This drawing shows an upsidedown view of how the cabinet and top are attached. Use two corner brackets on each end and three in the middle. You don’t want to actually turn the bar upside down to attach the top, it may damage it. Spacing of the corner brackets is not critical. The cabinet trim is not shown for clarity.

Note: You should predrill the bracket screw holes in the top and use screws that go no more that 1/2″ into the wood. Otherwise, the bracket screws may cause unsightly bumps on the top surface of the Bar Top.

Apply a little glue to the mating surfaces and assemble the drawer boxes.

Assemble the front, back, and right side with 1″ long finishing nails as shown in Step 1. Insert the bottom as shown in Step 2. Attach the left side as shown in Step 3.

Support the drawer boxes with 1/2″ thick strips of wood and attach the drawer fronts with 1 1/8″ screws as shown in Step 4. This is necessary because the bottom of the front must be 1/2″ below the bottom of the box so it will overlap the rear cabinet trim when installed. Next, attach the drawer slides as shown in Step 5.

Apply a little glue to the mating surfaces and assemble the wine racks as shown.

Mount the front to the base with pocket hole screws. The base and front are flush on the bottom and the base is centered between the edges of the front.

Two edge dividers are mounted flush with sides of the base. The center one is centered and the other two are 4 1/2″ from the edge of the base to the center of the dividers.

Attach the back to the base with finishing nails or screws as you prefer. Attach the drawer slides as shown with the screws that were provided with the drawer slides.

This completes the assembly of your home bar. Be sure to countersink and fill all finishing nails holes before applying the finish.

Cut Out Suggestions:

These layout diagrams show how to cut the parts from two pieces of 3/4″ oak plywood. Note: Since the Center Front Panel and Small Shelf are almost square, they have an indicator arrow and dimension line to ensure you have the grain oriented properly. The other parts are more obvious since they are not as close to being square. You can cut the small shelf a little larger than it’s listed size with a jig saw and true it up with a table saw since it will still have one straight edge.

Cutout diagrams for the soffit and drawer box parts from 1/2″ oak plywood. Cutout diagrams for risers are not given as they may be made from scrap wood.

The drawer bottoms are made from 1/4″ hardboard.

The original plan can be found at http://www.bobsplans.com

 
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Bar Table

I know a lot of you are like me in that you build to get exactly what you want while save money, and I love the cost factor of these plans.  If you already have a scrap piece of 3/4″ plywood, the materials to build the rest of this table are about $10.  Seriously.  If you have to buy a 2’x4′ sheet of plywood, the whole table will cost about $25.  So, lets say you want to build the table and 4 bar stools for your family and have nothing to start with.  That’s a whole dining set for $65!  That’s half the cost of ONE bar stool if you bought the original from West Elm!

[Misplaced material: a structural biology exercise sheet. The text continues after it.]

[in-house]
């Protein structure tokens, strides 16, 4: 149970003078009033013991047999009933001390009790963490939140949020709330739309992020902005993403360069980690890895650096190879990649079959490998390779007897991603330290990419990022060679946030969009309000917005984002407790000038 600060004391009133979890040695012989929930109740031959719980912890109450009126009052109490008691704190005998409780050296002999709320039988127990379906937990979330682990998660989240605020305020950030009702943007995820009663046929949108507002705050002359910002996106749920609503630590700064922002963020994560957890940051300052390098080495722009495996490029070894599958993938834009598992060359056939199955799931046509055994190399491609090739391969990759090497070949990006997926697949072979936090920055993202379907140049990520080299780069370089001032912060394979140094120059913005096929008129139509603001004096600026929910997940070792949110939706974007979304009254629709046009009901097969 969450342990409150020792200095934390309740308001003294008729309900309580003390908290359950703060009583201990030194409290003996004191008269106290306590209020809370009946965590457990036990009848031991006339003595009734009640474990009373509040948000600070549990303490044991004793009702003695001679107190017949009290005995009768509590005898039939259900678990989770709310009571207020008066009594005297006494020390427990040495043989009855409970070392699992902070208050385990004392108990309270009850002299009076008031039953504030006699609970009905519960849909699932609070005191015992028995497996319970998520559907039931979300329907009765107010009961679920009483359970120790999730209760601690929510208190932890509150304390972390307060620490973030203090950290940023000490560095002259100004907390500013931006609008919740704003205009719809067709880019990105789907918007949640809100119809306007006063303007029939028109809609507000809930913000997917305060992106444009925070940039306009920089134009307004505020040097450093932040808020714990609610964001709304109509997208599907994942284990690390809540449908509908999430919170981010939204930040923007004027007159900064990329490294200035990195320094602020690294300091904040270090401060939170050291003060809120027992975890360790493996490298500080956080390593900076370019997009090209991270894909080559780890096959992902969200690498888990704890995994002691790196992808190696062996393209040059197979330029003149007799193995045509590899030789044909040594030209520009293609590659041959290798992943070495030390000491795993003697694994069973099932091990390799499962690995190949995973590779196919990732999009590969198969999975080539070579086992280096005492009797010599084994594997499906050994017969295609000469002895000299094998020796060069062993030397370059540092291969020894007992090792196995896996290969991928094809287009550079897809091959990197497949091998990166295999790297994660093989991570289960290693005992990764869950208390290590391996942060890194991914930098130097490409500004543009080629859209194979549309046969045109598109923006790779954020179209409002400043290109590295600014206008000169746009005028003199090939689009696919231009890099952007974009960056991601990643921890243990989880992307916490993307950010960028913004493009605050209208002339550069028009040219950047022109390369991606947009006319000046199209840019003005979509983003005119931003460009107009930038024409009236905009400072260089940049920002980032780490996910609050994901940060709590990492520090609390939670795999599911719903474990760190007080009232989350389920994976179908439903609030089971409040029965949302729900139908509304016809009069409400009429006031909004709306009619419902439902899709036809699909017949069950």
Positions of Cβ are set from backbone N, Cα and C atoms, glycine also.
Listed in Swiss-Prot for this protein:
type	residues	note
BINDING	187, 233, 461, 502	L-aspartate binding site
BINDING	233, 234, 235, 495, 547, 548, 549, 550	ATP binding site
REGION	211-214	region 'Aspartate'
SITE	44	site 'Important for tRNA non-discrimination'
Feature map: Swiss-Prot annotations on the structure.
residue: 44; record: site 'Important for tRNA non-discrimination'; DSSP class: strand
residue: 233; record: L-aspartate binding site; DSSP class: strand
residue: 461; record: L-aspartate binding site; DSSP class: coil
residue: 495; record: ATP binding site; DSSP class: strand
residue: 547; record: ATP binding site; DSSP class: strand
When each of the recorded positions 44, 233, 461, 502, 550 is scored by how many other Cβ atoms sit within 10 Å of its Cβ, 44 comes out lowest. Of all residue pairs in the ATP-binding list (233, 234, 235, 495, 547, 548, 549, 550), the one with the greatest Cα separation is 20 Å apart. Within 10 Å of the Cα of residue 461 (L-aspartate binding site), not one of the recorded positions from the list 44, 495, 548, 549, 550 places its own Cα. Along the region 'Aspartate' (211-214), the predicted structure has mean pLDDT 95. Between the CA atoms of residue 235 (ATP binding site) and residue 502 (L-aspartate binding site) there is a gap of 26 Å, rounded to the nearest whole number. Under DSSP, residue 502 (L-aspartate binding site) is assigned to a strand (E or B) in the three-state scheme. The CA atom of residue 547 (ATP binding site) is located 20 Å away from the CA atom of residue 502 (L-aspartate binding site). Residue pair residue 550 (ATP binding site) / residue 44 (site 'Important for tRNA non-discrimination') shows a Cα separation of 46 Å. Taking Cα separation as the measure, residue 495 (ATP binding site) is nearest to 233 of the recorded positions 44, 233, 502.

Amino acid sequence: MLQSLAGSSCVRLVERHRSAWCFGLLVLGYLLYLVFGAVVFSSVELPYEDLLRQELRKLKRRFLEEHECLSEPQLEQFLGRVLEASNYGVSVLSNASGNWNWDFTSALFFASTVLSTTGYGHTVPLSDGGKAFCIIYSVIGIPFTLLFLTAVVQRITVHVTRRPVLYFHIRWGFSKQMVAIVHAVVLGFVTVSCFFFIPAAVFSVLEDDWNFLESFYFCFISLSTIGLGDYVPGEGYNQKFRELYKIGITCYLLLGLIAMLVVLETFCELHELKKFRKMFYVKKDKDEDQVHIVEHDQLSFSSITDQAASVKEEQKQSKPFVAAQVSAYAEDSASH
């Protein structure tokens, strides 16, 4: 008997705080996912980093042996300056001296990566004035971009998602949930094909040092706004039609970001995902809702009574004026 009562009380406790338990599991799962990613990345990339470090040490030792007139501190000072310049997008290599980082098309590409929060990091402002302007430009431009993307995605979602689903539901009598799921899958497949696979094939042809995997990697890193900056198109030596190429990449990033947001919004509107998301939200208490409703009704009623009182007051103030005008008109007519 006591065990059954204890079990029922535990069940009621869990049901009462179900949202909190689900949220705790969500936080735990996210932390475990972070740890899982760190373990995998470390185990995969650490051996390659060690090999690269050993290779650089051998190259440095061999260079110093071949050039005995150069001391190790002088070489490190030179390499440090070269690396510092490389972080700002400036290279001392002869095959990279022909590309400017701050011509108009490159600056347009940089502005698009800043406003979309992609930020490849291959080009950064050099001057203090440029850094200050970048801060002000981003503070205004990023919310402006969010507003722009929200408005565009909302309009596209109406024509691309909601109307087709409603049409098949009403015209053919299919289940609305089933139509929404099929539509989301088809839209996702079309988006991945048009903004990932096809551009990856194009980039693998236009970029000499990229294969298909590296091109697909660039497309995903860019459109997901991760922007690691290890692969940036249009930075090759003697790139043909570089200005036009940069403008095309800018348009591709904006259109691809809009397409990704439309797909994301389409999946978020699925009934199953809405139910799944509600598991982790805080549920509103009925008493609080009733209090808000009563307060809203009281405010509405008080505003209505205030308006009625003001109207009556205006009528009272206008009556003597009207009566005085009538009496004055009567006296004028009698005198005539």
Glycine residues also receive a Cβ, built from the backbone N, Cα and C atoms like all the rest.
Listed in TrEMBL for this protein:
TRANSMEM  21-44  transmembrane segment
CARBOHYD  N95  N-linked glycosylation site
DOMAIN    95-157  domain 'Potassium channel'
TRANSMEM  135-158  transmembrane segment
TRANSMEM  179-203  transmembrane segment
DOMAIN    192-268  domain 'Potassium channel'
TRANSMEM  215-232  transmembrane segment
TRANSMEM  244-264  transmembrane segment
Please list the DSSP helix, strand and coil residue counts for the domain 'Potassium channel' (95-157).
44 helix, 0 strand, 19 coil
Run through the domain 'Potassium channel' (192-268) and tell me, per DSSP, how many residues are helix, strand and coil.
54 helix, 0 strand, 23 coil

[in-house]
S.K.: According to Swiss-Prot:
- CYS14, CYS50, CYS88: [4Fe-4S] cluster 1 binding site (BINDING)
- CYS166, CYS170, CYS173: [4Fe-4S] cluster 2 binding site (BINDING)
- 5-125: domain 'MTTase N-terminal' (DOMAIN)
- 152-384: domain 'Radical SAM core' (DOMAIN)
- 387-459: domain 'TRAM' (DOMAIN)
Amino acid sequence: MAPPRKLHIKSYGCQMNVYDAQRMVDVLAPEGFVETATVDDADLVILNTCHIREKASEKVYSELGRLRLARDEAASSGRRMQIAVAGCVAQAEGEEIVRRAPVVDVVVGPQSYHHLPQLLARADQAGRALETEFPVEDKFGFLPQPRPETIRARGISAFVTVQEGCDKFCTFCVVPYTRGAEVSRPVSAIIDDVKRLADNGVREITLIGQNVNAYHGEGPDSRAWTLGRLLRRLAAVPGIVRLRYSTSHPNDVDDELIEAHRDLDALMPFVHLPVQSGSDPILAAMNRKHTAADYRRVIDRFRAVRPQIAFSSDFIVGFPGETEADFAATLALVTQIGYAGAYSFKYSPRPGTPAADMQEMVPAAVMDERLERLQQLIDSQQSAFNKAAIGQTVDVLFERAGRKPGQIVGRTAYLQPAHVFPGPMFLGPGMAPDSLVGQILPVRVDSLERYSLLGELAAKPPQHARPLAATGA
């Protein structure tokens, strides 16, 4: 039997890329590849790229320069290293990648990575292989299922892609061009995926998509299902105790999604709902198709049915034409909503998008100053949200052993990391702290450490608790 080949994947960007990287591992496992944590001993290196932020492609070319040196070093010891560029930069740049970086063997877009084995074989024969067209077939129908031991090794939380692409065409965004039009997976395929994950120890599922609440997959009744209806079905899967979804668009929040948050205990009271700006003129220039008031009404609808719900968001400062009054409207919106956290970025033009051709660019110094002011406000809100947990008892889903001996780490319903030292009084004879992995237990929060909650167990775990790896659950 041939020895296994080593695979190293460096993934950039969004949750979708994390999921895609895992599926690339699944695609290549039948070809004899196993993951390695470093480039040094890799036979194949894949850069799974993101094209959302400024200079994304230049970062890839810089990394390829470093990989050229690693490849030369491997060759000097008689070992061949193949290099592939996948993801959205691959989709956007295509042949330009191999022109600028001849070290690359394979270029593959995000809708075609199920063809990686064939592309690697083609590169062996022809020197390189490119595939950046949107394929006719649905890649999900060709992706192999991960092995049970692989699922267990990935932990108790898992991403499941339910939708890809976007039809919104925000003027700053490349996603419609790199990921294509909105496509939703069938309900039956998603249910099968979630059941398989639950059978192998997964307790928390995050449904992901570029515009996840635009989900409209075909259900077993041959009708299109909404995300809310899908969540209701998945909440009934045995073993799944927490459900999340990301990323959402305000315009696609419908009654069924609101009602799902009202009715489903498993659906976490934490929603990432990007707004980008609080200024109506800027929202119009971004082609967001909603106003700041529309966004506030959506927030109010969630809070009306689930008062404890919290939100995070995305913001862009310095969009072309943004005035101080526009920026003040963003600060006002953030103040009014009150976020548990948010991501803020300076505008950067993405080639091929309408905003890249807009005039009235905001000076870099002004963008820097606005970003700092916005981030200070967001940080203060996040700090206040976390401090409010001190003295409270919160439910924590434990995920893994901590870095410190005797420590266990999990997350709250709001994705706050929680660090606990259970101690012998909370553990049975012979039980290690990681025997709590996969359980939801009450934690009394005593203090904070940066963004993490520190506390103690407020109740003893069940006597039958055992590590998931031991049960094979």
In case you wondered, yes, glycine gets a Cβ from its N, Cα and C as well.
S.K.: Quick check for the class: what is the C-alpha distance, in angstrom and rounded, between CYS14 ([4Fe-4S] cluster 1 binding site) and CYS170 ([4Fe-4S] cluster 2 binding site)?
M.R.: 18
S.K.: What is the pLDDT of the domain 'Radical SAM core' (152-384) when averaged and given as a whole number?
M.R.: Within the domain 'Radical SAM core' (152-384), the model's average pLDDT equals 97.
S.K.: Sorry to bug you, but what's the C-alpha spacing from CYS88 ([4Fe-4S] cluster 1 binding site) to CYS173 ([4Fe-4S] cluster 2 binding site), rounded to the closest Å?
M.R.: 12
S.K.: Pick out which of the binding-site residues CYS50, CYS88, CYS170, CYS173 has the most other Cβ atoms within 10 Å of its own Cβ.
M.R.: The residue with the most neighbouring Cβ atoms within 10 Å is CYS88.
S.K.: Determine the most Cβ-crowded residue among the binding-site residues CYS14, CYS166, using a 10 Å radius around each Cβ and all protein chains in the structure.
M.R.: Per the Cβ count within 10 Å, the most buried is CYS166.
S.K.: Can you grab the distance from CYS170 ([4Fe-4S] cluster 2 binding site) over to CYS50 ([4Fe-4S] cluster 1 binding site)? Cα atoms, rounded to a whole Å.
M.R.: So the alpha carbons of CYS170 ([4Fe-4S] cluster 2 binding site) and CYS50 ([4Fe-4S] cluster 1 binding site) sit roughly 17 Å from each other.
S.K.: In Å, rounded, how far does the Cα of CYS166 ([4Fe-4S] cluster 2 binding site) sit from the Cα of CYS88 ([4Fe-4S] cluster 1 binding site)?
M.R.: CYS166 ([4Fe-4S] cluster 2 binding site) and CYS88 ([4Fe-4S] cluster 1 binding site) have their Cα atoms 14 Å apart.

Materials:

Wood:

  • 1 – 1×3 @ 4 feet long
  • 3 – 2×2 @ 8 feet long
  • 1 – 2×4 @ 8 feet long
  • 1 – 1/4 sheet of 3/4″ plywood

 

Hardware and Supplies:

  • 1 1/4″ Pocket Hole Screws
  • 2 1/2″ Pocket Hole Screws
  • Wood Glue
  • Wood Filler
  • Medium Grit Sandpaper
  • Primer or Wood Conditioner
  • Paint or Stain

Cut List:

Boards:

  • 2 – 1×3 @ 21″ – Side Aprons
  • 1 – 2×2 @ 45″ – Center Base
  • 4 – 2×2 @ 21″ – Top/Bottom Sides
  • 4 – 2×2 @ 42″ – Table Legs
  • 2 – 2×4 @ 45″ – Center Aprons

Plywood:

  • 1 – 3/4″ Plywood @ 45″ x 21″ – Table Top

Make sure to re-measure and check for square after every step.  Sometimes when building your measurements can be off very slightly, and it’s important that your numbers are exact.  (Especially when working with doors and drawers!)  Measure your available space before building this plan to make sure that it will fit.  Please read through the entire plan before getting started.

Step 1:

Attach your top/bottom and table legs together using your Kreg Jig.  Remember to place your pocket holes for the bottom piece strategically facing the bottom of the frame and toward the interior of the table on your top piece so you have no holes to fill later.

Step 2:

Set aside your table legs for a moment to build the table top.  (Pictured above is a bottom view of your table top.)  Make sure to pre-drill all of your pocket holes as shown above in your table top before attaching anything.  This will help you in later steps.  When attaching your 2×4 center aprons to your plywood top, make sure each of the edges are flush.

Step 3:

Attach the legs you built in step 1 to the table top you built in step 2 using the pocket holes that you predrilled and some wood glue!

Step 4:

Attach 1×3 side aprons into the 2×4 from your table top using your Kreg Jig.  Remember to drill those pocket holes from the inside to hide them!  The bottom of your 1×3 will not be exactly even with the bottom of your 2×4.  Don’t worry, it’s part of the design!

Step 5:

Attach your 2×2 center base in between your two table legs using pocket holes drilled from the underside. It should sit centered on each side, leaving a 9 3/4″ gap on the bottom side 2x2s (not including the legs).

Finishing:

Finish your project as desired.  Make sure to sand it down with medium grit sand paper and fill in all your holes with wood filler before tackling that paint or stain.

 

The original plan can be found at http://www.oldpaintdesign.com